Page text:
Scottish National Dictionary (1700–)

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SLOOSH, n., v. Also sluich, sluish (Abd. 1940 C. Gavin Hostile Shore vi.); sloos, slus. Sc. forms and usages of Eng. sluice (Uls. 1880 Patterson Gl.; Mry. 1883 F. Sutherland Sunny Memories 148; Uls. 1953 Traynor s.v. sluice). Gen.Sc. See S, letter, 6. (3). [sluʃ]

I. n. 1. As in Eng. in comb. sluich-board, a sluice-gate, flood-gate. Gall. 1824 MacTaggart Gallov. Encycl. 282:
By lifting the sluich-board when any emergency appeared, it flowed down to the meikle wheel.
Ags. 1962 Dundee Courier (17 Nov.) 6:
One man might “shut the sloosh” to conserve the flow.

2. A dash of water, a splashing (Sh. 1866 Edm. Gl., sloos, 1914 Angus Gl., slus). Gen.Sc.; “the flow of water from a sluice” (Cld. 1880 Jam., sloos). Sh. 1908 Jak. (1928):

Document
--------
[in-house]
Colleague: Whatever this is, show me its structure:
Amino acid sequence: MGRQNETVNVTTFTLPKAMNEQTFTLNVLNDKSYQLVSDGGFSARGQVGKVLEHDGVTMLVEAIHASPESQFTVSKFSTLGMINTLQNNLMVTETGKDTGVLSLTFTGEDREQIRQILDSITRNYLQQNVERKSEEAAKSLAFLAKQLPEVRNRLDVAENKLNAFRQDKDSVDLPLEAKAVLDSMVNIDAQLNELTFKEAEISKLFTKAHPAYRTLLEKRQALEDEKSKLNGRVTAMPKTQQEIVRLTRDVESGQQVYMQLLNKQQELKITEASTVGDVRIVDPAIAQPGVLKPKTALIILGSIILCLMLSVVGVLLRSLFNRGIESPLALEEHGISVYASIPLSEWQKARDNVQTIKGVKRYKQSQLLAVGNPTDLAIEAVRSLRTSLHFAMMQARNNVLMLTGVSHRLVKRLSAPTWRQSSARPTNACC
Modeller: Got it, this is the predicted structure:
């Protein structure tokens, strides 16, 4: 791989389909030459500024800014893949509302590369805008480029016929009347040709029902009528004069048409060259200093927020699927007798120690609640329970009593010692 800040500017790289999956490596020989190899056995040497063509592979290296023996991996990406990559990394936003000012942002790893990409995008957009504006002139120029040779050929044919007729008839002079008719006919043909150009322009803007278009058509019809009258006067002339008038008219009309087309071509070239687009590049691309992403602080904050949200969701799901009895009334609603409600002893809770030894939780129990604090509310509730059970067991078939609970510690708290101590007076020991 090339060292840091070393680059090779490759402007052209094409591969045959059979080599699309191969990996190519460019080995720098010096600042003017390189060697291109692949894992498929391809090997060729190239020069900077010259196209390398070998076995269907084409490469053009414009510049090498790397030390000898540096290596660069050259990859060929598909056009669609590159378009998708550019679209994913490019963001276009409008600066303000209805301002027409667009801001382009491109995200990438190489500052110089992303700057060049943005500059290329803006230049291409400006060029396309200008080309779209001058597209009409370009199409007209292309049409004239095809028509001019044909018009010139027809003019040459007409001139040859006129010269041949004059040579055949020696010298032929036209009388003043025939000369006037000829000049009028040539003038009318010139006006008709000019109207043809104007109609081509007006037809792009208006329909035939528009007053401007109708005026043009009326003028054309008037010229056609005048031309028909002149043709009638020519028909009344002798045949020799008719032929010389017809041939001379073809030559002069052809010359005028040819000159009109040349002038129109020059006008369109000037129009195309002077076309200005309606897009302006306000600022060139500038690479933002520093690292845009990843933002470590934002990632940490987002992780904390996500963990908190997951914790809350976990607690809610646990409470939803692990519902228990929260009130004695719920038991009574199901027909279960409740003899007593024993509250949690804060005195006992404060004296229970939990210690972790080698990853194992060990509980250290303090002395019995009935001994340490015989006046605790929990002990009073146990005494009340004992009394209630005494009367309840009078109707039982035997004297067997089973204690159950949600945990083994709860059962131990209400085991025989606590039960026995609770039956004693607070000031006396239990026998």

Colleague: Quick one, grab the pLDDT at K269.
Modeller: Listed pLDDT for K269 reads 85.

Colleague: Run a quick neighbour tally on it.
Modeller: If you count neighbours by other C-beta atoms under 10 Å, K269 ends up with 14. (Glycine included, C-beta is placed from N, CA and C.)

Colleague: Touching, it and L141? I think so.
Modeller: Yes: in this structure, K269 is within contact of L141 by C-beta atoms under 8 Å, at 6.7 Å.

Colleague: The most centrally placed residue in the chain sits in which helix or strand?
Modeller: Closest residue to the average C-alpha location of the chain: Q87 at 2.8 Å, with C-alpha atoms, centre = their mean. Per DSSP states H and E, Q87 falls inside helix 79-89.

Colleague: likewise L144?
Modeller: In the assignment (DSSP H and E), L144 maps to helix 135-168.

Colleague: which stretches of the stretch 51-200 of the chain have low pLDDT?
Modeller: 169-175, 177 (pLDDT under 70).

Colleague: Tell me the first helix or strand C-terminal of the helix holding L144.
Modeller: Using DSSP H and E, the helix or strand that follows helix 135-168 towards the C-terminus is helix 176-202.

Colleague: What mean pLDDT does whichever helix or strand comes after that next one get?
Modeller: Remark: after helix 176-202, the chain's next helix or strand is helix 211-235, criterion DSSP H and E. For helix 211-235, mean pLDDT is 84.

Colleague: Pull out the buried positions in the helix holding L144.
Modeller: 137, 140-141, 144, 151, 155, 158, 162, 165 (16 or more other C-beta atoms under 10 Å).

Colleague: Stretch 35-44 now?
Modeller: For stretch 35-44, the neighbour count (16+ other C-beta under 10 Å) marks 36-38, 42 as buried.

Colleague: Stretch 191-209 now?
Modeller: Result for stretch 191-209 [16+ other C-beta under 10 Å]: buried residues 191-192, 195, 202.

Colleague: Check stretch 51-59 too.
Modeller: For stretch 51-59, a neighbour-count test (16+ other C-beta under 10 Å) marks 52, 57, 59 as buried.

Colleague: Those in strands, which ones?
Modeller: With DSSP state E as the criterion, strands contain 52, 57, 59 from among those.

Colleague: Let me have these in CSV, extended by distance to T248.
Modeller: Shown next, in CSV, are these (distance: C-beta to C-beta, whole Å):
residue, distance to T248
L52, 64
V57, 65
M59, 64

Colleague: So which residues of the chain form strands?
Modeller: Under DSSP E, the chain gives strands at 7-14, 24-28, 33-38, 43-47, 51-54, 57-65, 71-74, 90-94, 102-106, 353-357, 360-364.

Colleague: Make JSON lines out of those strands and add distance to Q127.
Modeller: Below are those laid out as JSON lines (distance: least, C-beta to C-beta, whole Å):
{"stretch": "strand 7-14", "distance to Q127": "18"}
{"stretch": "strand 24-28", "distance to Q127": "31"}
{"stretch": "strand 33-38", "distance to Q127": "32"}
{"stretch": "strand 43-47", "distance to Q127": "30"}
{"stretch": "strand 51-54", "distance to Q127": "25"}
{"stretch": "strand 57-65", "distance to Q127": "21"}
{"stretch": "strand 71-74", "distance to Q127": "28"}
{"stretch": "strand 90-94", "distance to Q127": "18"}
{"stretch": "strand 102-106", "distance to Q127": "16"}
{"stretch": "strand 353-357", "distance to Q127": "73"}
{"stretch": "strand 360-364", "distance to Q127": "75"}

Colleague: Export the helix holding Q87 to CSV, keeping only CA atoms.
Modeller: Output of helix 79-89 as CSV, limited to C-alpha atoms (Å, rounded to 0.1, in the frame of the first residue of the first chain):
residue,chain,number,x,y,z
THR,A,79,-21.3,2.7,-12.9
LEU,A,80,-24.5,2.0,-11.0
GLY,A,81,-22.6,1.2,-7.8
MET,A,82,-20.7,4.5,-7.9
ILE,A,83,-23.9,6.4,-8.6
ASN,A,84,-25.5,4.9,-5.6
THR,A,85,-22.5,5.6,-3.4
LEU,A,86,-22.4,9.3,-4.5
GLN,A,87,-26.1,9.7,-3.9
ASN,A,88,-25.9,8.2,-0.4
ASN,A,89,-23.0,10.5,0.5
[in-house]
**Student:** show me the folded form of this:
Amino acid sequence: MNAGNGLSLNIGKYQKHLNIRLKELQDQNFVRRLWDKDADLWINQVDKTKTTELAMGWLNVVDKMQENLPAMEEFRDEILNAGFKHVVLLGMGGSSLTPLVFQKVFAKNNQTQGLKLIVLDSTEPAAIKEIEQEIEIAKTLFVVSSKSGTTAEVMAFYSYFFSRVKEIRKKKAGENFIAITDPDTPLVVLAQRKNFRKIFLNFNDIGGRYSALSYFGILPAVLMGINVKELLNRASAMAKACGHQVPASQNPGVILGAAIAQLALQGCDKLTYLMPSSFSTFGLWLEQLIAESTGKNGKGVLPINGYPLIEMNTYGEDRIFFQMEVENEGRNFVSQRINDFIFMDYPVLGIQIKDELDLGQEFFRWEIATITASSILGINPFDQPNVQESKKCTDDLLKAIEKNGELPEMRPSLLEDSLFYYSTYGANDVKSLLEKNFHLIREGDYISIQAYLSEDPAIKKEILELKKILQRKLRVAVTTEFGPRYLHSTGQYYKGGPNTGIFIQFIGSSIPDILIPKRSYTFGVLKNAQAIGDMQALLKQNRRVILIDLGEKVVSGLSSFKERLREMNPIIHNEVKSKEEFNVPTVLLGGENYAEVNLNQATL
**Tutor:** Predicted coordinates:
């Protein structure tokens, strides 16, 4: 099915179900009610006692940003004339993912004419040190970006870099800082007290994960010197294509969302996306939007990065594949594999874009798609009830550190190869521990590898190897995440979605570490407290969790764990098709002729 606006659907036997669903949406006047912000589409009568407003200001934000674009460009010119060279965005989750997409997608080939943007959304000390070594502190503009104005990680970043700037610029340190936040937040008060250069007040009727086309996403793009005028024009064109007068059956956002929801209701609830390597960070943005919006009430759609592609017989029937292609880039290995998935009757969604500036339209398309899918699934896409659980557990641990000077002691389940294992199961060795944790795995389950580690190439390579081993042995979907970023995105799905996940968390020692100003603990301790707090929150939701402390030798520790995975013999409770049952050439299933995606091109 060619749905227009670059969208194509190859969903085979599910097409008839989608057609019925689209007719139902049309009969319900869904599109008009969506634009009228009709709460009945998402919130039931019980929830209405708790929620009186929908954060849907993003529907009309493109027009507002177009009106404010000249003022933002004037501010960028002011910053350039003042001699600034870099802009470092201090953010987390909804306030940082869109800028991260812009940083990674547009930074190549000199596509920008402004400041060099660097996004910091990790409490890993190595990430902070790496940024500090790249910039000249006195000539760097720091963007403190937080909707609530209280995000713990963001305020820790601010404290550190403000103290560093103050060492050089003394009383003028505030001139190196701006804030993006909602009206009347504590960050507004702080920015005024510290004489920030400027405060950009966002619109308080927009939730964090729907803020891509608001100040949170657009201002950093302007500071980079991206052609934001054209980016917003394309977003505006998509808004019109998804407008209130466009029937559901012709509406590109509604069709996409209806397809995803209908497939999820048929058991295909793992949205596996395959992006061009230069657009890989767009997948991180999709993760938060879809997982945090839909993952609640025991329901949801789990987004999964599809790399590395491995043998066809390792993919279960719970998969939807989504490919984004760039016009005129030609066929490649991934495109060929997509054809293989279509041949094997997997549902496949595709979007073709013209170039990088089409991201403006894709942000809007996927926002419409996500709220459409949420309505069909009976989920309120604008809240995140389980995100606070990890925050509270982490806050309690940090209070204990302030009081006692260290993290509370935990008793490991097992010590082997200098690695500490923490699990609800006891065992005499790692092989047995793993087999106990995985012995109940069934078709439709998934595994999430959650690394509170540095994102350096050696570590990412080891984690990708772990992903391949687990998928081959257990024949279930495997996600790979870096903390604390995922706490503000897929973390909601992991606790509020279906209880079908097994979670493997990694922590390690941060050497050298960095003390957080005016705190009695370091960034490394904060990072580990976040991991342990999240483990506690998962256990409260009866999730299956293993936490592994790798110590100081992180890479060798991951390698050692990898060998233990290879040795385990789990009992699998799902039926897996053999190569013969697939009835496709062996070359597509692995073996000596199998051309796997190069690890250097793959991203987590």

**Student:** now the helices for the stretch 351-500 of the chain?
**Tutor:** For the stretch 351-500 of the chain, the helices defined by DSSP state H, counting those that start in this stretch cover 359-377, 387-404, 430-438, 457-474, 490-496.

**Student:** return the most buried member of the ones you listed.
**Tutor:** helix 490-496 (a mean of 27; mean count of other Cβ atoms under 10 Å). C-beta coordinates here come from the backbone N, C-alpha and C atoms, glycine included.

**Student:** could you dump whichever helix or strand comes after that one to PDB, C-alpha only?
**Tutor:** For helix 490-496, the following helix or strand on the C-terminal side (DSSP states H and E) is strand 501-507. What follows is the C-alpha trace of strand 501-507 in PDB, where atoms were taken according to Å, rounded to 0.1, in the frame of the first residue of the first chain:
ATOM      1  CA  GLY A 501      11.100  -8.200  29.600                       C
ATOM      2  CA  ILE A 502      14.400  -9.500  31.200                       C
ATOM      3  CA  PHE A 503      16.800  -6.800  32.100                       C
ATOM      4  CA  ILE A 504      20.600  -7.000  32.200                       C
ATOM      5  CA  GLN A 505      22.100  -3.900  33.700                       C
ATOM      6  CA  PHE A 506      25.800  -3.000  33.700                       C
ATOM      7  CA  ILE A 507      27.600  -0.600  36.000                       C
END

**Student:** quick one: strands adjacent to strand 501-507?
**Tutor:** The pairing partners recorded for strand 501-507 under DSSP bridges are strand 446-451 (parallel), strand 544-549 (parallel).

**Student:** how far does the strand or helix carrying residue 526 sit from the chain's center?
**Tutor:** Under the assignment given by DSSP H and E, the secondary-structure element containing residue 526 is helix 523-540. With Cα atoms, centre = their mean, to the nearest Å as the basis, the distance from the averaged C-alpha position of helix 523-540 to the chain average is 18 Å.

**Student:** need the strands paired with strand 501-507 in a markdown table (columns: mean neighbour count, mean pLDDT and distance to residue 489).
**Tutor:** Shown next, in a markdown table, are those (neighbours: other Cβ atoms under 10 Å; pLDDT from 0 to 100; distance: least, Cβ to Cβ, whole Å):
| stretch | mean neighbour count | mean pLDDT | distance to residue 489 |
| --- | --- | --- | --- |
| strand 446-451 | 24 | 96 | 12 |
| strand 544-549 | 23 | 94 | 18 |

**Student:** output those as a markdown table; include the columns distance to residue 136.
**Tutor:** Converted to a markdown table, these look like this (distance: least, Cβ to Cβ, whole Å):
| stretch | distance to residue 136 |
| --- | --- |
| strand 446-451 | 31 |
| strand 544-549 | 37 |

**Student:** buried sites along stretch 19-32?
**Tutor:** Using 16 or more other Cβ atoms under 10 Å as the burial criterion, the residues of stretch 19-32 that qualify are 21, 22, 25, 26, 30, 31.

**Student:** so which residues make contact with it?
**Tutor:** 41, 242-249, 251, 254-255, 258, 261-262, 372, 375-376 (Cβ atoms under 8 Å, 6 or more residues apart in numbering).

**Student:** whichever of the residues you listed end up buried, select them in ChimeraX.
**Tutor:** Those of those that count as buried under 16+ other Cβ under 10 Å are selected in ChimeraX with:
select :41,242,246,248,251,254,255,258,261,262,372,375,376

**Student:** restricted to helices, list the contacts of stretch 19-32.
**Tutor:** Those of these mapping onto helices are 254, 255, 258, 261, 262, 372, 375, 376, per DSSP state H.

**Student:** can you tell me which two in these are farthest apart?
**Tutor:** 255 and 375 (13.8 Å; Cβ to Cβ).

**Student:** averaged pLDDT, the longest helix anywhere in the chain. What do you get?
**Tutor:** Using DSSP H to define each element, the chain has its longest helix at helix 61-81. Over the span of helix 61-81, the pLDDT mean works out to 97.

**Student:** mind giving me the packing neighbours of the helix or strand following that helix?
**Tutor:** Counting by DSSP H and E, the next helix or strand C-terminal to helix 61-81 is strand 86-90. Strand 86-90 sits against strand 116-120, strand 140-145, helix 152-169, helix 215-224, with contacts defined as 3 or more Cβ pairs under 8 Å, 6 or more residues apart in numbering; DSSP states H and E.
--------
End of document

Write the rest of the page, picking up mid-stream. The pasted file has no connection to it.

Of a small wave splashing into a boat; “he cam' wi' a slus.”
Abd. 1955 W. P. Milne Eppie Elrick vii.:
The Earl an' Tammas steed harkenin tae the sloosh o' the oars as 'e rowt awa.

II. v. To splash or swill with water, to throw water about in large splashes, to flush. Gen.Sc.

[For the form cf. O. Fr. esclouse, a sluice.]

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"Sloosh n., v.". Dictionary of the Scots Language. 2004. Scottish Language Dictionaries Ltd. Accessed 18 May 2021 <>



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